Comments on an Article Entitled "Changing
-- Women Reading the Torah and Checking Foods for Bugs
by Mordecai Plaut|
Someone sent me an article by Irwin Brandwein ("Changing the
Halakha" from a recent issue of Judaism). The article
purports to show that earlier sources of halakha are liberal
and they have been changed by modern interpretations that
have become more strict and restrictive. Two examples given
are: 1] a passage in the Shulchan Arukh that is thought to
permit women to read from the Torah scroll in public; 2]
strict regulations issued by a kashrut authority about eating
foods that are suspected of harboring insects.|
Sincerity does not seem to be his problem, since he is obviously very sincere.
There are many other problems, however. I will give only two detailed examples, as noted above. They are very characteristic of what he writes and indicate the strength of his claims.
"In the Shulhan Arukh, . . . R. Joseph Caro . . . ruled: `Kol hatemayyim afilu niddot mutarrim le'ehoz b'sefer torah' (Y.D. 292:9) . . . all impure individuals even any women are permitted to hold the scroll of the Torah and to read from it (publicly). The final clause `Veliqrot bo' always means to read liturgically with trope and publicly as part of the worship services."
This is part of a series that is intended to give examples of the "explicitly pronounced liberalism" of Halakha.
It is true that "Veliqrot bo" can mean to read liturgically, but it is not true that it always means this, and it is unlikely that it does mean this in the passage quoted.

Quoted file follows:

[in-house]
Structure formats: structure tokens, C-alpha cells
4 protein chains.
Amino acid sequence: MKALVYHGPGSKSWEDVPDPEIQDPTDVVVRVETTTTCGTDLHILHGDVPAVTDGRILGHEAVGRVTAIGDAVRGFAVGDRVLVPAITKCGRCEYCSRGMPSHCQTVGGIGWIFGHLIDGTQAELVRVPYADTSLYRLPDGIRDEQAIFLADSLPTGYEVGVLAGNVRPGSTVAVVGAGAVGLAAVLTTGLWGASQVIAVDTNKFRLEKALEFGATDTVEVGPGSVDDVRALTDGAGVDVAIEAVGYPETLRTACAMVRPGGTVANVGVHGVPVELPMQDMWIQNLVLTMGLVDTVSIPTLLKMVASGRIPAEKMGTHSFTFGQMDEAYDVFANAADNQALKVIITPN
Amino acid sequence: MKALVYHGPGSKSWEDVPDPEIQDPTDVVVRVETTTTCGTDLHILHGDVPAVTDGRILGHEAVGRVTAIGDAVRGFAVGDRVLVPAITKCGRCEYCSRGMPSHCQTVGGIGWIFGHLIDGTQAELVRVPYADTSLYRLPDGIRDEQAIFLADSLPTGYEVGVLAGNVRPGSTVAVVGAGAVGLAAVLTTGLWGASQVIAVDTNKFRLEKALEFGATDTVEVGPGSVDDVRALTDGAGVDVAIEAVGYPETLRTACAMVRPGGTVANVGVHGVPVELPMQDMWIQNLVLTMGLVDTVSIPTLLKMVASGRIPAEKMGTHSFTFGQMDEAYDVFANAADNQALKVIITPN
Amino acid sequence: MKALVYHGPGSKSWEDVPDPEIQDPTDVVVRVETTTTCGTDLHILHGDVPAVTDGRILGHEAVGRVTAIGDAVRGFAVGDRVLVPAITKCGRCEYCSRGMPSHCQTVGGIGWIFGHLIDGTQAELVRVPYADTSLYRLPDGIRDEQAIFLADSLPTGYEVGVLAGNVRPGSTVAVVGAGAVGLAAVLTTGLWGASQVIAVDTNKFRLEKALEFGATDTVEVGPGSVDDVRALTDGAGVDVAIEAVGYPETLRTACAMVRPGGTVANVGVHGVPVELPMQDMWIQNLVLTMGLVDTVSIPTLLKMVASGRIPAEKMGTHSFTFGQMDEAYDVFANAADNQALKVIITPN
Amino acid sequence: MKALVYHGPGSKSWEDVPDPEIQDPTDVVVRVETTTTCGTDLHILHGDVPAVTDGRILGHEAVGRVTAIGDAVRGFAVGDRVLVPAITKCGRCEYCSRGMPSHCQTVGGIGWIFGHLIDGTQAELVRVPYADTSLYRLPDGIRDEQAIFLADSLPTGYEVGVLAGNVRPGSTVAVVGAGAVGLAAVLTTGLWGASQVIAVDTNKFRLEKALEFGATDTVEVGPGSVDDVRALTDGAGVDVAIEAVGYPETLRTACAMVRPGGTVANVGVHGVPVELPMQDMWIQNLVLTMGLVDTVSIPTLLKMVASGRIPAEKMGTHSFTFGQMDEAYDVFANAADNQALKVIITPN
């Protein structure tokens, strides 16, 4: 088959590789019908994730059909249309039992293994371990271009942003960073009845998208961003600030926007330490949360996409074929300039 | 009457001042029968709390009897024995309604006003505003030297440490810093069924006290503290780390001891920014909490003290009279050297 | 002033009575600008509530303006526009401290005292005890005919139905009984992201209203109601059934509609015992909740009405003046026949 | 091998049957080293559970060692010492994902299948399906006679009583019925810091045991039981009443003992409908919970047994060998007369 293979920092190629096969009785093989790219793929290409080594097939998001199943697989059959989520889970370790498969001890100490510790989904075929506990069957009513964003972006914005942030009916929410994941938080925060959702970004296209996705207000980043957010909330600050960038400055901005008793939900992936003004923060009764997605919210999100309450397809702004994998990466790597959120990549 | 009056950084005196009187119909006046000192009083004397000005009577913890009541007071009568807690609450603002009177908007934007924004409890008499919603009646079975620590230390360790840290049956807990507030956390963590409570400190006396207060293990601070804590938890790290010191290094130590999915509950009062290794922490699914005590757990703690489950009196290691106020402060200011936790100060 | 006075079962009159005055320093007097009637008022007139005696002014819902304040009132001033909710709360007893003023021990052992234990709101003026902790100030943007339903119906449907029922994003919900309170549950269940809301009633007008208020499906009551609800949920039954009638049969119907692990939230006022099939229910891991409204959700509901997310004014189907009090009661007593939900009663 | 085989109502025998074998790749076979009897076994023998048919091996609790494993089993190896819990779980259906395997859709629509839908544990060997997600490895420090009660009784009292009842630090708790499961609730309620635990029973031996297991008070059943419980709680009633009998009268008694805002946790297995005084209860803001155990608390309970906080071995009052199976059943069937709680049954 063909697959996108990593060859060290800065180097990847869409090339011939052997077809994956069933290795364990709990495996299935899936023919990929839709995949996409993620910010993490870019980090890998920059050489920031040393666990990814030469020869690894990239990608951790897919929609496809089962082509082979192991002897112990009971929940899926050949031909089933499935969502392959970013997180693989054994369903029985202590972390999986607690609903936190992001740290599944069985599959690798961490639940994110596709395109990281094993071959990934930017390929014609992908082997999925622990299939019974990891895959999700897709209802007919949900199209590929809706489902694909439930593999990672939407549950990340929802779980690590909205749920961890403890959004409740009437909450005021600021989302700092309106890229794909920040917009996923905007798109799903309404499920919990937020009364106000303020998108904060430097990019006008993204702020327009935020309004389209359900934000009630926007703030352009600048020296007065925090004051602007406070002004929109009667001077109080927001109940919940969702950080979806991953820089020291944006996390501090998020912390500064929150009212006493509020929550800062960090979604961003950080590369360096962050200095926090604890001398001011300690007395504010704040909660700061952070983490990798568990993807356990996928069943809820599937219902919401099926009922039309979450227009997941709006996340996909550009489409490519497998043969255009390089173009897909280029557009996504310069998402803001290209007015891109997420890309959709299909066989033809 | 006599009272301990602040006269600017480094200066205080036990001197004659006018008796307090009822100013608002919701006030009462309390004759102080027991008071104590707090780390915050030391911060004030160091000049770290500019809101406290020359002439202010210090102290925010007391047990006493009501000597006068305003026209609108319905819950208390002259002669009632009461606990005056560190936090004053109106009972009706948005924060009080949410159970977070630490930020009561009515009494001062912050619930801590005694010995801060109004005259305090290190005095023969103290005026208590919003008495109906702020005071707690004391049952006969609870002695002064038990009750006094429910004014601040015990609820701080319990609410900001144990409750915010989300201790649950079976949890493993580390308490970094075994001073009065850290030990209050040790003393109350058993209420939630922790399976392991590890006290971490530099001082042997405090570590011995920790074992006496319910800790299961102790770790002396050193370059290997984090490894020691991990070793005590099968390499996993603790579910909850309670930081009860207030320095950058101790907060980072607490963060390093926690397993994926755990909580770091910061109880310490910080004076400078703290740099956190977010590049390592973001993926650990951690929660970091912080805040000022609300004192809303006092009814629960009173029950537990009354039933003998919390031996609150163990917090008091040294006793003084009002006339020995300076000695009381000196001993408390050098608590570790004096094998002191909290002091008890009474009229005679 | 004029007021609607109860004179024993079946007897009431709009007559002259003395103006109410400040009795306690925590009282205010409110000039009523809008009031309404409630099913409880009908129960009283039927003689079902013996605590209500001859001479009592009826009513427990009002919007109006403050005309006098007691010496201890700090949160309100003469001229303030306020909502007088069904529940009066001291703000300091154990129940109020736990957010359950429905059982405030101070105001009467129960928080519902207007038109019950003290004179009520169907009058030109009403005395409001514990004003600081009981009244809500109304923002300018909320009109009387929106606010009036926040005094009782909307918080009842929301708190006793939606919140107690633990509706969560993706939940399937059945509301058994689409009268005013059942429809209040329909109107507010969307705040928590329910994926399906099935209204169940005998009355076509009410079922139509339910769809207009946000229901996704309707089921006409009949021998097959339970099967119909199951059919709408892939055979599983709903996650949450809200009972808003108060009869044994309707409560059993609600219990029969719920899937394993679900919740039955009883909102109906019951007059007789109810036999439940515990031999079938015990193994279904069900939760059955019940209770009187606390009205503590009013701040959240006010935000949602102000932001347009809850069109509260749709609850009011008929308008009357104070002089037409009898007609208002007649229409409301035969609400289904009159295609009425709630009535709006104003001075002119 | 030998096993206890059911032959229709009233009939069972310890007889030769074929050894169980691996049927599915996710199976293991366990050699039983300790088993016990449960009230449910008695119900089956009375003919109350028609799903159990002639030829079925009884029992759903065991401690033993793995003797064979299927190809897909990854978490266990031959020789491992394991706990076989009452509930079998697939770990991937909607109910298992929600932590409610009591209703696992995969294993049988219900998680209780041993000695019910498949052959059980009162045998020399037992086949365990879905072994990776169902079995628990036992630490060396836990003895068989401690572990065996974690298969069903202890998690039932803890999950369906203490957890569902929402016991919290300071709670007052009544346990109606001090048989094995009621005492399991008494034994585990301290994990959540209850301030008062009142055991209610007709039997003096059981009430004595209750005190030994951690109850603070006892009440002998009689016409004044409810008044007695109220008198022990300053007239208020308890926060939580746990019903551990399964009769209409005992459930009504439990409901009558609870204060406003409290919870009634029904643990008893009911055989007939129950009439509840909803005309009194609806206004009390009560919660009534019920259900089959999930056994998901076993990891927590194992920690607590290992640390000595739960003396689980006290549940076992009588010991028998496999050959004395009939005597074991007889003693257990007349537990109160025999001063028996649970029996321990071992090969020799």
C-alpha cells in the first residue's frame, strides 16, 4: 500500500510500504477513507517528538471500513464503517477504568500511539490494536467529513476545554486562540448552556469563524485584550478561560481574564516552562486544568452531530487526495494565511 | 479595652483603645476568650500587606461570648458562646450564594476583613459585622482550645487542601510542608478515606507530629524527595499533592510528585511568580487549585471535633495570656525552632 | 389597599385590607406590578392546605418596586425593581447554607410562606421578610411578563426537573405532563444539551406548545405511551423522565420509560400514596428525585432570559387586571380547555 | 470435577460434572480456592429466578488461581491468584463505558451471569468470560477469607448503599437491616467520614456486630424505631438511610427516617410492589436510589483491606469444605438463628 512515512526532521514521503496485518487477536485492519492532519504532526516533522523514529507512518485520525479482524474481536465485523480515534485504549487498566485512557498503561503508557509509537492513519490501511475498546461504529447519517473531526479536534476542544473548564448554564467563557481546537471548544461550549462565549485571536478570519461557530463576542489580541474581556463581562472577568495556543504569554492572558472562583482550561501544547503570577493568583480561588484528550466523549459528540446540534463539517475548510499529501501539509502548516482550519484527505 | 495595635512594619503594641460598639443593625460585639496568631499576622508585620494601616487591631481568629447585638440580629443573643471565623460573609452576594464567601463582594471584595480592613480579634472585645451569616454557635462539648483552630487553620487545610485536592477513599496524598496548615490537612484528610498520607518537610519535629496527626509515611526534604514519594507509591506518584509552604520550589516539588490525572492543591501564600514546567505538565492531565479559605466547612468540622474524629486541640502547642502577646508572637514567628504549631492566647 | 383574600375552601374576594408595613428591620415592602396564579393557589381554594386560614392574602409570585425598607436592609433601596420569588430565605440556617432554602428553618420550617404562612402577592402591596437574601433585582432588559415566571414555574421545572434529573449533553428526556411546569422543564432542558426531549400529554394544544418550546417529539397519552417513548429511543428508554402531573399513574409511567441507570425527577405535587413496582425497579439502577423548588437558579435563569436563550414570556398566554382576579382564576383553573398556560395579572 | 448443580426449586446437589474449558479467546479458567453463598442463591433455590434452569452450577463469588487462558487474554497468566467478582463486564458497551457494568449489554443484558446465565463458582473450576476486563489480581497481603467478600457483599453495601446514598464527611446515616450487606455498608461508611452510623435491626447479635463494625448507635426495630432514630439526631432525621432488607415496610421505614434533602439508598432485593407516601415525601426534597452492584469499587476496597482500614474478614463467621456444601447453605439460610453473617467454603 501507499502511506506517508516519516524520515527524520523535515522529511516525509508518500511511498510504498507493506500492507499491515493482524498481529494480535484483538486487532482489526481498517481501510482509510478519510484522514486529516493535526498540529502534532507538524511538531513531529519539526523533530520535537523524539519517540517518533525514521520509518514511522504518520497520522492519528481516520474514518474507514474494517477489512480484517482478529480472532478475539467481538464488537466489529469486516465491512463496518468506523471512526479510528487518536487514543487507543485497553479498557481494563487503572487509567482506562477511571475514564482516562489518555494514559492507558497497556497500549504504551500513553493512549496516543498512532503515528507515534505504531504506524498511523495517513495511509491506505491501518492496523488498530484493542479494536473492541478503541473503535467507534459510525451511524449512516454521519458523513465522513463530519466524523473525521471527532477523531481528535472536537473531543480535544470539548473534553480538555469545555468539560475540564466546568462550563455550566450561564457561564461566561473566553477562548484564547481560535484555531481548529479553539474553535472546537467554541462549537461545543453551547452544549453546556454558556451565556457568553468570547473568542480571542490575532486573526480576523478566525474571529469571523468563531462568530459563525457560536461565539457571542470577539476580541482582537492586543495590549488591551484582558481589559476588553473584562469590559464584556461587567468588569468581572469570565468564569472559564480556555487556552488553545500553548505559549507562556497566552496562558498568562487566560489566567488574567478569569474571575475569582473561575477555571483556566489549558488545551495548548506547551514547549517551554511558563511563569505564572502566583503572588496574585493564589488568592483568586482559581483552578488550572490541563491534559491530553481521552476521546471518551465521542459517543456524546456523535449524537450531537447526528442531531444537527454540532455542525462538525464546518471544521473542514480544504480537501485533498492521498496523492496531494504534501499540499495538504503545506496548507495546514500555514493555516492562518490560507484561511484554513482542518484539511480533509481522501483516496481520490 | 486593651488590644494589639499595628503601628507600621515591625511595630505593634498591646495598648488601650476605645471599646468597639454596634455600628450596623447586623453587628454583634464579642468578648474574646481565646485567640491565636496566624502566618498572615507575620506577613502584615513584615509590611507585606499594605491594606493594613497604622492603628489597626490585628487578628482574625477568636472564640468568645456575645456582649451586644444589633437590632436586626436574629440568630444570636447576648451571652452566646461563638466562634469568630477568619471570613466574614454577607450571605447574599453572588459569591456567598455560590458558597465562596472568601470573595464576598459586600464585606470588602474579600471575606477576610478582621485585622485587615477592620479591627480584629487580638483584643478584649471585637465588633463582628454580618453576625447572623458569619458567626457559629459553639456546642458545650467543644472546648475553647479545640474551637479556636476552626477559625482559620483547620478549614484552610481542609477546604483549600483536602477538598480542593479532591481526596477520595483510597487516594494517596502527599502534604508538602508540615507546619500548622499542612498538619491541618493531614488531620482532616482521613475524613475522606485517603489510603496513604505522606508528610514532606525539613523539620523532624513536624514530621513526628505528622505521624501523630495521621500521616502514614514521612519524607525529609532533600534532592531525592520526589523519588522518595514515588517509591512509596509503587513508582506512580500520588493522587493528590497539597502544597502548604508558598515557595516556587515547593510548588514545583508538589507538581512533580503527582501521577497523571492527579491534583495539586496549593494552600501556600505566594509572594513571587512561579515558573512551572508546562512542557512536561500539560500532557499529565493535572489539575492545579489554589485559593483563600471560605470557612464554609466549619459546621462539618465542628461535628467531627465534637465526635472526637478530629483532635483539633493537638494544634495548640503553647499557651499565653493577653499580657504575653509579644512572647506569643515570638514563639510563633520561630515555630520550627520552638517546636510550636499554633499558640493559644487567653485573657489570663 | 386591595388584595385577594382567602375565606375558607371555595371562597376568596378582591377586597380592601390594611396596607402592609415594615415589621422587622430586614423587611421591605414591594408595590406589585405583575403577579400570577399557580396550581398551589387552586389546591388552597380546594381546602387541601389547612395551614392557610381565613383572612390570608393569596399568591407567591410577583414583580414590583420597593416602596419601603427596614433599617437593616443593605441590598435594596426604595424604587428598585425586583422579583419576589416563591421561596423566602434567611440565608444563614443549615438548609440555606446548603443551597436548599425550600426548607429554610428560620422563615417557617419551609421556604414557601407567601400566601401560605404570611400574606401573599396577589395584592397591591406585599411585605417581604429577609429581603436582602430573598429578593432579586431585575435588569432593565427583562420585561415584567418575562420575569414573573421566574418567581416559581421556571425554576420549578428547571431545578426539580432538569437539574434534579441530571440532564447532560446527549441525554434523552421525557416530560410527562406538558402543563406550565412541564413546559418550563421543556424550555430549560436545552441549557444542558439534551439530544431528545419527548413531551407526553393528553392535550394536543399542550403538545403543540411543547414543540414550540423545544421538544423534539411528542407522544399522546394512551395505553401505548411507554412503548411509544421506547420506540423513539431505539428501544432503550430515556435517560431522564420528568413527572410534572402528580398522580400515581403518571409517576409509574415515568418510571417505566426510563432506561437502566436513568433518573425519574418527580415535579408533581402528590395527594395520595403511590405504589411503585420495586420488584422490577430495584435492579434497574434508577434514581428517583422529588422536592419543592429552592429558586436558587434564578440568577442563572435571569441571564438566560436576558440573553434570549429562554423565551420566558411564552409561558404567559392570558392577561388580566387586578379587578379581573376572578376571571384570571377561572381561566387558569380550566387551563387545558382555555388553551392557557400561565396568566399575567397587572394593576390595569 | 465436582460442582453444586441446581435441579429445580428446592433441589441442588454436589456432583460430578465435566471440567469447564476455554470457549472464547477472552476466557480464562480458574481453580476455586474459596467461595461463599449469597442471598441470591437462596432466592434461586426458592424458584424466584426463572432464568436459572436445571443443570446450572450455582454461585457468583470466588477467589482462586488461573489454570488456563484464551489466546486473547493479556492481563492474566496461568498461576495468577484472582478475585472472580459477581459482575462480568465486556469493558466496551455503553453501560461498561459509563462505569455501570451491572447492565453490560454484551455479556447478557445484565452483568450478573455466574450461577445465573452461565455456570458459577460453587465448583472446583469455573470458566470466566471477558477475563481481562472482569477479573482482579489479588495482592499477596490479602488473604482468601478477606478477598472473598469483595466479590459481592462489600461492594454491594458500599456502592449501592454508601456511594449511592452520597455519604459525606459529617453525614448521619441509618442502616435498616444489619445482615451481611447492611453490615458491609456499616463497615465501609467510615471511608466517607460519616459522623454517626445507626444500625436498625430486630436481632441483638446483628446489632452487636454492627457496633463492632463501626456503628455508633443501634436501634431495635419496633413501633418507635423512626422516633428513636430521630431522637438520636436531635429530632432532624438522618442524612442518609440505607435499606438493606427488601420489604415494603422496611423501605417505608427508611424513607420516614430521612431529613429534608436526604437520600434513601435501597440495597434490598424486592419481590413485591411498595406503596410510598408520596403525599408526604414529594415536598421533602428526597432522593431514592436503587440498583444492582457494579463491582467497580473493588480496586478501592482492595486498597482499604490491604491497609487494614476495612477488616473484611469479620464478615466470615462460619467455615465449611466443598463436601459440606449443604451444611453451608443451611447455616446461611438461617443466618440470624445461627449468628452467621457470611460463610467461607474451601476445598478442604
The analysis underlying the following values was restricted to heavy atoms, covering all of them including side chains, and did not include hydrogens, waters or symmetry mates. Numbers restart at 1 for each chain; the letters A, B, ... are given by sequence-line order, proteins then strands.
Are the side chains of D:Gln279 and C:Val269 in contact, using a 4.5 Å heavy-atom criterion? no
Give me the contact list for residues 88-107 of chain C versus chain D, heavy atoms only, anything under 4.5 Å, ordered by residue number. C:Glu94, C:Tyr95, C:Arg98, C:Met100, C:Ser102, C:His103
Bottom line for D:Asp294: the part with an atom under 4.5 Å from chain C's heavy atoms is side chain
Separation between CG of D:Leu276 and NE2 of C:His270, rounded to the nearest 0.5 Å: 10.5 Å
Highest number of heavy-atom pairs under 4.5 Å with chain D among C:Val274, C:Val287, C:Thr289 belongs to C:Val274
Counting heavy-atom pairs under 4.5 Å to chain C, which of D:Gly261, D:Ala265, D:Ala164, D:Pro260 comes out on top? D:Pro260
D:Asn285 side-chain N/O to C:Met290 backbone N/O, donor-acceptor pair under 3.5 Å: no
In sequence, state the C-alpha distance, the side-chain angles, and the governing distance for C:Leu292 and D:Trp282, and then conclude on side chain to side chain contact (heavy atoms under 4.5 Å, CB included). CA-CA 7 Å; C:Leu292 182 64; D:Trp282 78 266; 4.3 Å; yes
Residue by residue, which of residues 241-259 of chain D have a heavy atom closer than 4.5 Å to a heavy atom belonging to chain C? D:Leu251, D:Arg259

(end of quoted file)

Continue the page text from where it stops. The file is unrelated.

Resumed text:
The focus in the given quotation is on the holding of the scroll, as is evident in the continuation that is not quoted (see below). This is also evident from the fact that this quotation is from a section on the laws of a Sefer Torah in the part of the Shulchan Oruch entitled Yoreh Deah, which apply to handling it, and not in the laws of the liturgy that appear in an altogether different section of the Shulchan Arukh known as Orach Chayim.
The basis of this law is an extended discussion in the Talmud: Brochos 20b-23b. Throughout Brochos, the word "liqrot" and its cognates are used for any study or reading of the Scriptures, as opposed to study of the Oral Law and not specifically for liturgical reading (e.g. The first mishna: "Mei'eimosai qorin es Shema . . . "). Study of the Scriptures is called "reading" since, as it deals with the Written Torah, reading is its central activity in contrast to the Oral Law (in those days).
Moreover, the specific law in question is set against the issue of male tum'ah, which was once stricter than female tum'ah in this respect. A male who was tomei through normal marital seminal emission was not allowed to study (read) Torah, according to many opinions, until he purified himself. The passage comes to tell us that these restrictions do not apply to any tomei today.
This would be more evident had the author translated his own quotation more exactly. "Afilu niddot" does not mean "even any women" as he has translated but "even menstruating women." And the point being made is that even though in some respects their tum'ah is stronger than a man's, nonetheless they (as well as men) may hold a sefer Torah and read it, meaning study it, as long as their hands are not dirty, as the passage continues.
If I may be allowed to speculate a bit, this false reading of the Shulhan Arukh might come from a much broader failure to appreciate one of the presuppositions in halachic discourse that crops up again and again in modern discussions of reading the Torah in public.